RPS: Is it a problem for you that there are only 6 Billion people on the planet?

Travis: If we run into that problem, we’ve got a great problem. When we launched the game, we had 55 people working on it and now we have 320.

(They load up the new Dominion game mode).

Ryan: so, one of the things players have been asking for is a brand new map. We thought we should do a new map, the Crystal Scar, and new game mode to go with it. It’s a 5v5 capture and hold based game. There are a couple of big deals that are important about Dominion. Everyone starts at level 3 with a good chunk of gold; I actually think that sets the pace for what you’re going to get into, because as you run out of the gates, unlike some other MOBAs (Bad Journalist Dan pretends to understand what they mean when they mumble that awful acronym) or the classic Summoner’s Rift. This is non-stop action, fast-paced. Very different from LoL classic.

(Essentially, Dominion is a simple capture and hold DOTA game, with each side starting on 500 points, which slowly diminish dependent on how many capture points the opposition holds. It goes down at the rate of 1 per capture point per second. When a team’s total reaches zero, that team’s Nexus explodes. There are towers defending and minions spawning, fighting and capturing alongside the player’s heroes. The combat seems unchanged from the usual DOTA stuff and Dan finds it fascinating that League of Legends can be so popular with just two maps.)

RPS: Is that a little goblin riding a very big robot?

Ryan: Yes, it is. It’s actually a skin for one of the champions, originally a little boy riding a Yeti.

Travis: This is one of the things that differentiates Dominion a lot; if you get into a fight early on in classic LoL or one of the other MOBAs, it’s an accident if you die in the first ten minutes. In this, though, we’re encouraging you to get in there. If you’re not fighting someone in the first 30 seconds, you’re doing it wrong.

RPS: I guess holding the majority of the points here would be hard, because you’ll be dividing your defending forces over a wider area?

Ryan: True, but if you’re holding four or five points, you’re vastly out-skilling the other team, and the other team probably wants to be dying quickly, so they can get to another game.

RPS: Have you dropped any of your champions?

Ryan: As lead champion designer, I think that all of our players don’t need to like all of our champions, but every champion needs to be loved by someone. There are a couple that have created challenges for us, in the 18 months of League of Legends. We do have a live balance team.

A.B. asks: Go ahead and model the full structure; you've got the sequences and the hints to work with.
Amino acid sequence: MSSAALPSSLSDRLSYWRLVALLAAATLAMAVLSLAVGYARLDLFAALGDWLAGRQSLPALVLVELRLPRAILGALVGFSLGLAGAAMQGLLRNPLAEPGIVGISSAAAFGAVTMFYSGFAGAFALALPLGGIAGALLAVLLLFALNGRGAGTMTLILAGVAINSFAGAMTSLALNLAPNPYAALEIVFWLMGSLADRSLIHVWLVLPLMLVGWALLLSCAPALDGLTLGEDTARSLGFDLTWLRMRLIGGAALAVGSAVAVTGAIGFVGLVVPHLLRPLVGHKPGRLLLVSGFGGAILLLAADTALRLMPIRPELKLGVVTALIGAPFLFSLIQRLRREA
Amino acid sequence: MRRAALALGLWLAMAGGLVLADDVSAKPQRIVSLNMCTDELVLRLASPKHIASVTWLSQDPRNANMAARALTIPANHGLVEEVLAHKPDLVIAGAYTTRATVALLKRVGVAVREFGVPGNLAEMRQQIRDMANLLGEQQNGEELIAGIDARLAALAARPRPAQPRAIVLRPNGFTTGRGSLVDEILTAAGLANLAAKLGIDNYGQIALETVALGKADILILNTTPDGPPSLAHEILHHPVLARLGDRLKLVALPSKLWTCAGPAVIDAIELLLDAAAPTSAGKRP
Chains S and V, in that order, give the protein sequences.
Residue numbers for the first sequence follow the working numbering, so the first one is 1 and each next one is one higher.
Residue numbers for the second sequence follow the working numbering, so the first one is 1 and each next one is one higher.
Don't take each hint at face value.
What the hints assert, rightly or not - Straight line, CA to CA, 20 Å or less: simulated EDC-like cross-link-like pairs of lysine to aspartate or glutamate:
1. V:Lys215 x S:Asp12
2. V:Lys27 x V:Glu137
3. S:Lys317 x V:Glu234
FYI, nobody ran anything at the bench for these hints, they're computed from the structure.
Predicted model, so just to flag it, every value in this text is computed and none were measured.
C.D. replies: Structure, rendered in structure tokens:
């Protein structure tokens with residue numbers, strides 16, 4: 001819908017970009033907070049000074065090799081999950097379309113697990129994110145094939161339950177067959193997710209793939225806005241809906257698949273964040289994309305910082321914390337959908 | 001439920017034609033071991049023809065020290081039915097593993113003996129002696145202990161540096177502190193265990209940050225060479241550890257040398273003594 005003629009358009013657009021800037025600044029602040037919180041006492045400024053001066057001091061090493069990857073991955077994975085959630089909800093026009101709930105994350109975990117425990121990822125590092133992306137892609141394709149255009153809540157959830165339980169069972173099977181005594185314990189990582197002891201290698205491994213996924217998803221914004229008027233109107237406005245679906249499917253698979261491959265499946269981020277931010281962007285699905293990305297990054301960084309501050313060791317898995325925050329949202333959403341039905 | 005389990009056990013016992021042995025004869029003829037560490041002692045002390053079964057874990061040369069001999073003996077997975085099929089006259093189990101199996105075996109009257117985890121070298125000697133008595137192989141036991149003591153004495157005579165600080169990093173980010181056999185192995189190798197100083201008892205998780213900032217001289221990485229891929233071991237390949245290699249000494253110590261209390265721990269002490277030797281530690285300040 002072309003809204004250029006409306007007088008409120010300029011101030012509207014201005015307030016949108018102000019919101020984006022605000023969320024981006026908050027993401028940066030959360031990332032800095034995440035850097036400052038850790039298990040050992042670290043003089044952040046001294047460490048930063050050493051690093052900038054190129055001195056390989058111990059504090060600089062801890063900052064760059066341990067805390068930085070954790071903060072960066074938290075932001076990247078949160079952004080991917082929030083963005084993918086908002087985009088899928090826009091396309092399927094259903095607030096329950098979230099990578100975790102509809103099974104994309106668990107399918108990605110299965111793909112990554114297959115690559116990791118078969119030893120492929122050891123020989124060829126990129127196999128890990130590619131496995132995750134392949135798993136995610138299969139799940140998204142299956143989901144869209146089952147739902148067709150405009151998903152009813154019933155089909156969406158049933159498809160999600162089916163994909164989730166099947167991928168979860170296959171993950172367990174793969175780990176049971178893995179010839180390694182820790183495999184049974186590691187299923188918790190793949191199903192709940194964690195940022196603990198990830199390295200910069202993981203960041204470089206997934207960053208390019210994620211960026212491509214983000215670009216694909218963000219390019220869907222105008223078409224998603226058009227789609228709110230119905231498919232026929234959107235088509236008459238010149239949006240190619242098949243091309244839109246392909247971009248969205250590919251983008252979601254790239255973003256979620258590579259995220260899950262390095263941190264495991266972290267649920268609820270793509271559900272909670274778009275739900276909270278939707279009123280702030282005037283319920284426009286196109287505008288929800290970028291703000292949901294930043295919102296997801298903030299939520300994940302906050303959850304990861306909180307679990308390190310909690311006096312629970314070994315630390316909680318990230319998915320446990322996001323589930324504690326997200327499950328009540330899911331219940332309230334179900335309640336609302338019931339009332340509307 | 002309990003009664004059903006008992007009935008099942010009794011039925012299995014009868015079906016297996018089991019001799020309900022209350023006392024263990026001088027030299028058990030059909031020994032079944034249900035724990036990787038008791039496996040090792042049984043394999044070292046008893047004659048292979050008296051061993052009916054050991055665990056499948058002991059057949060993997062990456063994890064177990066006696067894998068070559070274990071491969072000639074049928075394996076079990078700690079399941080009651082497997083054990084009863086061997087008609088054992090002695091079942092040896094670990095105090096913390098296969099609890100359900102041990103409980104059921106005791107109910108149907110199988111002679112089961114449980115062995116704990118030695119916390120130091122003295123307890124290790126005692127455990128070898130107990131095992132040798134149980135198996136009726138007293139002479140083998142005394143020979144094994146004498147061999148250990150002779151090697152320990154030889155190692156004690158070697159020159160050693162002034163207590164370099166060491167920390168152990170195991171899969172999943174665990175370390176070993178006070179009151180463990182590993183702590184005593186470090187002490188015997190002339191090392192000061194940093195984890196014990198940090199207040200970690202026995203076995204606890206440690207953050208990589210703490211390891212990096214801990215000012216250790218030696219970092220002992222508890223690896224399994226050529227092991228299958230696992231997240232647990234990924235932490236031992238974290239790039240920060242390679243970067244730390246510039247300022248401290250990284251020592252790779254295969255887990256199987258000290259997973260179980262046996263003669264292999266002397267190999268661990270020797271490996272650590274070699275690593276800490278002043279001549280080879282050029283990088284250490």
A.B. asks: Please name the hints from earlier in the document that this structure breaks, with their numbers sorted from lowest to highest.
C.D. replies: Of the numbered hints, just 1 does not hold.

RPS: And players can always use a different skin, anyway.

Ryan: Yes, we try to make it so that you can buy cool little visual customisation options for your character; it’s an easy way for us to say, “hey, if you’re into this, you can just give us a small amount of money.” That exclusivity makes them feel special.
Travis: It’s important to note that we don’t sell any power.

RPS: Do you sell different skins for maps too? So players, though they’re playing on the same layout, see different maps?

Ryan: We’ve done an alternate version of Summer’s Rift, we’ve done a winter version, but we feel it’s a little gougey to charge people; you should just have that.

Travis: we try to think what would be cool from a player’s perspective.

Ryan: and what would make us angry if you said “pay for that” when I thought we should have it for free. We’re all big gamers, so we use our own judgement.

(One team captures all five points)

Ryan: Oh, look at their points going down: crunch, crunch, crunch, crunch, crunch. Though most of the games on Dominion end up being really close, sometimes you get blowouts. We just want to let those games resolve quickly, and move onto the next game. The other thing is that the map compared to our original year and half ago, the graphics are really upgraded, on the prompts, the ground textures, the prompts, the towers, are much better.


RPS: The map does look amazingly lovely, in a Warcraft III way; the only problem is that I’d spend so much time staring at my character, I’d never see it.

Ryan: You named Bloodlines: Champions as something fast-paced, but we don’t think players have ever seen anything like this in a true MOBA before. That just makes us stoked. We’ve been sitting here working on this for a while, it’s so rad.

(The losing team slowly turns the table).

Travis. You never want to be that team that was so hundreds of points ahead and gets pounded in the end.

Ryan: It’s usually due to overconfidence that that happens.